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Hoffmann, R. A wiki for the life sciences where authorship matters. Nature Genetics (2008)

Changes in the total Oswestry Index and its ten items in females and males pre- and post-surgery for lumbar disc herniation: a 1-year follow-up.

To study the characteristics and changes in the total Oswestry Disability Index (ODI) and in its ten component items in female and male patients pre- and post-surgery for lumbar disc herniation. Ninety-eight patients [mean (SD) age 43 (13), 61% males] undergoing lumbar disc herniation surgery were selected for this clinical 12-month follow-up. Subjective disability and back and leg pain were assessed by ODI version 1.0 and the visual analog scale. Pre-operatively females had a significantly higher mean (SD) total ODI [59(3)] than males [51(2)] (P = 0.030). Females were more disabled in the walking, sex life, social life and travelling items of the ODI compared to males. The total Oswestry decreased by 38 (95% CI - 44 to - 31) in females and by 34 (- 39 to - 30) in males at the 1-year follow-up. Most of the improvement (88% in females and 80% in males) occurred during the first 6 weeks; thereafter the changes were minor. In males the changes were greatest in pain, social life and travelling and in females in walking, social life and travelling. Internal consistency value of ODI was 0.88 (95% CI 0.82-0.91). Item analysis of the ODI showed that all the items except pain had high corrected item correlation. As recovery following lumbar disc surgery occurred to a great extent during the first 6 weeks, the early post-operative outcome appears to be quite a reliable indicator of the overall post-operative outcome over the 1-year follow-up. The ODI proved to capture a wide range of disability in these lumbar disc surgery patients, thereby supporting the future use of the index. The "pain intensity" component, which collects data on the use of painkillers in version 1.0 of the ODI did not support the item structure of the index in this study. The use of ODI version 2.0 might remove this problem.[1]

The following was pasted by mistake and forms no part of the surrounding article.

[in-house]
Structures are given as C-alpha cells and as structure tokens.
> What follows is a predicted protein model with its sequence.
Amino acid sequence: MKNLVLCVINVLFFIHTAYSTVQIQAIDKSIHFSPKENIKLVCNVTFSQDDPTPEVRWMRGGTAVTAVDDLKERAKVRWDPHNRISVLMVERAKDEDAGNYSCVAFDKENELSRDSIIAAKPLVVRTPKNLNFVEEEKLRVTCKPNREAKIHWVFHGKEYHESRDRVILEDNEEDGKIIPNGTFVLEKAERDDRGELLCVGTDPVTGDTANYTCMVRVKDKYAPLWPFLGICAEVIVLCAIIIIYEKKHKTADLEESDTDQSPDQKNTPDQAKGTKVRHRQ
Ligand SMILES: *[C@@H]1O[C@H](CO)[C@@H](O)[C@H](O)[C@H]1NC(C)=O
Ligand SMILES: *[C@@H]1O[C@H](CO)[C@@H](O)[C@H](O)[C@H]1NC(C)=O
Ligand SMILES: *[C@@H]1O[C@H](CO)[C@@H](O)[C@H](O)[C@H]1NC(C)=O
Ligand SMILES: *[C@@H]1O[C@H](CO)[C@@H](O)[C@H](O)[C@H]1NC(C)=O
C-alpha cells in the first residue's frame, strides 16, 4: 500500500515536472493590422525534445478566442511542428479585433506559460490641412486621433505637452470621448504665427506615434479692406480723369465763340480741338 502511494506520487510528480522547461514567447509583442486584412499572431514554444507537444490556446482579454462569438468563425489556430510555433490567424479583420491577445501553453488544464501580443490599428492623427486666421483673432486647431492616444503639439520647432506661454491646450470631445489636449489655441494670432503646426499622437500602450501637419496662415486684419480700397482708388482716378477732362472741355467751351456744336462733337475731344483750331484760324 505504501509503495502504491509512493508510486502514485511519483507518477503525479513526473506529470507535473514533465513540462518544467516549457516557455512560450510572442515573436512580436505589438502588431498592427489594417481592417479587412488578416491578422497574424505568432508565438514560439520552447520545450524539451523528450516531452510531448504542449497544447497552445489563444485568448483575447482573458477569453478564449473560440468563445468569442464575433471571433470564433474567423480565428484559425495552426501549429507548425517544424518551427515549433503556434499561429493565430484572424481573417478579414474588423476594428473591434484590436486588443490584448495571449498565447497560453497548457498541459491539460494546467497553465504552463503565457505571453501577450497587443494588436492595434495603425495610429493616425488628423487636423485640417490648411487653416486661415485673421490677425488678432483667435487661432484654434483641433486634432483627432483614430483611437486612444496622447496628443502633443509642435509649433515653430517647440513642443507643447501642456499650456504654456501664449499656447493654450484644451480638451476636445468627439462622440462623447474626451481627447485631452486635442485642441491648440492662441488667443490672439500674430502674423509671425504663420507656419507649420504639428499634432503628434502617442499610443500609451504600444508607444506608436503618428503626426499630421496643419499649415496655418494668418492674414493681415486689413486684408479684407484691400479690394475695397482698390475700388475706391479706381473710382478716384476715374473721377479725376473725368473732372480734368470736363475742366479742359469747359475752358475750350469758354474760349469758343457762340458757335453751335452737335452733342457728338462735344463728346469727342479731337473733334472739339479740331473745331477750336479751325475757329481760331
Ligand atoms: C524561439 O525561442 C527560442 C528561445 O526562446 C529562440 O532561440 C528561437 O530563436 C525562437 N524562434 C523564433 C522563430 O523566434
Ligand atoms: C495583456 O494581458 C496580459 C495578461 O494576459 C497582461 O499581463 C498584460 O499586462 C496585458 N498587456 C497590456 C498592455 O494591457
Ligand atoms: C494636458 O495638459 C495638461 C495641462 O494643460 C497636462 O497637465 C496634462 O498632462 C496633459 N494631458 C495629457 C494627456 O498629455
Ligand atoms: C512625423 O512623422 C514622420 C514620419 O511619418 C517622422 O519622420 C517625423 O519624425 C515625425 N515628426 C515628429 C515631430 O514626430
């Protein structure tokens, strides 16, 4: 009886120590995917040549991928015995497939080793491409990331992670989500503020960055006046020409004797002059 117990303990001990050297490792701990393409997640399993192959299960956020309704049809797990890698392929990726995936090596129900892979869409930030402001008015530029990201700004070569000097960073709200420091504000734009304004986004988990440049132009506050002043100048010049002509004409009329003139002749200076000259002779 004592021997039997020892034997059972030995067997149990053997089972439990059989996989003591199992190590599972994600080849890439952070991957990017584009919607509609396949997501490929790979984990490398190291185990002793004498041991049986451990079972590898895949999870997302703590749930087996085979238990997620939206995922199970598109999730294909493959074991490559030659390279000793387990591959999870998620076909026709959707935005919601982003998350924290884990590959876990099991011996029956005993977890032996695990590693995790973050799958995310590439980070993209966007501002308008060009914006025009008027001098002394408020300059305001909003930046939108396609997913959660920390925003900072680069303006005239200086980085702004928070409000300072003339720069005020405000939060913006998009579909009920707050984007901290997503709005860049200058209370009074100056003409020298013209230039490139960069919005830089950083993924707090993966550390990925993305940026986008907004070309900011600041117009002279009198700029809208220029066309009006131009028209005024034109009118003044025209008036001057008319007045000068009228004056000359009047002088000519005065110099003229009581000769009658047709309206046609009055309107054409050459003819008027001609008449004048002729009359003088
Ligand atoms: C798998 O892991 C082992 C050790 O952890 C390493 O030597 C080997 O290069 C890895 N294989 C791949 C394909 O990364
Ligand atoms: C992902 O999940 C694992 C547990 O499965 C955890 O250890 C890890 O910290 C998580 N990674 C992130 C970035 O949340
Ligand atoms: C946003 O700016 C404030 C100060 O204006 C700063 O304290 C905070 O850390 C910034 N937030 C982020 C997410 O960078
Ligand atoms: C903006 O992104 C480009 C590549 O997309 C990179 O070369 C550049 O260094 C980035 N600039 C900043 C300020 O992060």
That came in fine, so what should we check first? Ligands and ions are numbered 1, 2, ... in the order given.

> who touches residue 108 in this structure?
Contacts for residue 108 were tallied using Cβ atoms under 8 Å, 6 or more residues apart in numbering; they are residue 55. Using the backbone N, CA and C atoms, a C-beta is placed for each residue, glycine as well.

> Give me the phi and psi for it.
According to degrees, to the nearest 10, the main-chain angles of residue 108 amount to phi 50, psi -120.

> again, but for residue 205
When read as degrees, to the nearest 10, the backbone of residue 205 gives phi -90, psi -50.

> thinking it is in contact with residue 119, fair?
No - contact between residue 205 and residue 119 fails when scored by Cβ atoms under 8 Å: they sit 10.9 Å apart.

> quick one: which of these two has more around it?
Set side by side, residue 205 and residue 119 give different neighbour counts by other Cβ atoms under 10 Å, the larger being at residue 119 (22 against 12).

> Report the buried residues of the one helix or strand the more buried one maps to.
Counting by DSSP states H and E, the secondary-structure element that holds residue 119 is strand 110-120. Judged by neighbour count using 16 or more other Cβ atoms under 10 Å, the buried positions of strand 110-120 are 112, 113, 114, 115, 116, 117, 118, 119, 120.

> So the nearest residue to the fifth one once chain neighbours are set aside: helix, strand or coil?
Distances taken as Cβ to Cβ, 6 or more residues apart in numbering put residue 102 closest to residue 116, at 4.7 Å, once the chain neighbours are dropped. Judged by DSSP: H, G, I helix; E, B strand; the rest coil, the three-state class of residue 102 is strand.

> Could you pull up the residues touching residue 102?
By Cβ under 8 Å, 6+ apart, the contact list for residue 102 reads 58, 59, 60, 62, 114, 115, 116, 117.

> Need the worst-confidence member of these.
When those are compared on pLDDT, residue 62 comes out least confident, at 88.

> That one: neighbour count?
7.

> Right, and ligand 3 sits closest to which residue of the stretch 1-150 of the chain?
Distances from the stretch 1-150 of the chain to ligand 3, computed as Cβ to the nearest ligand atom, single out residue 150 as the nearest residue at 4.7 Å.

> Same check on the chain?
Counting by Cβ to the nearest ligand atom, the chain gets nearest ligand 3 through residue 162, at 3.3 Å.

1. Changes in the total Oswestry Index and its ten items in females and males pre- and post-surgery for lumbar disc herniation: a 1-year follow-up. Häkkinen, A., Kautiainen, H., Järvenpää, S., Arkela-Kautiainen, M., Ylinen, J. Eur. Spine. J (2007) [Pubmed]
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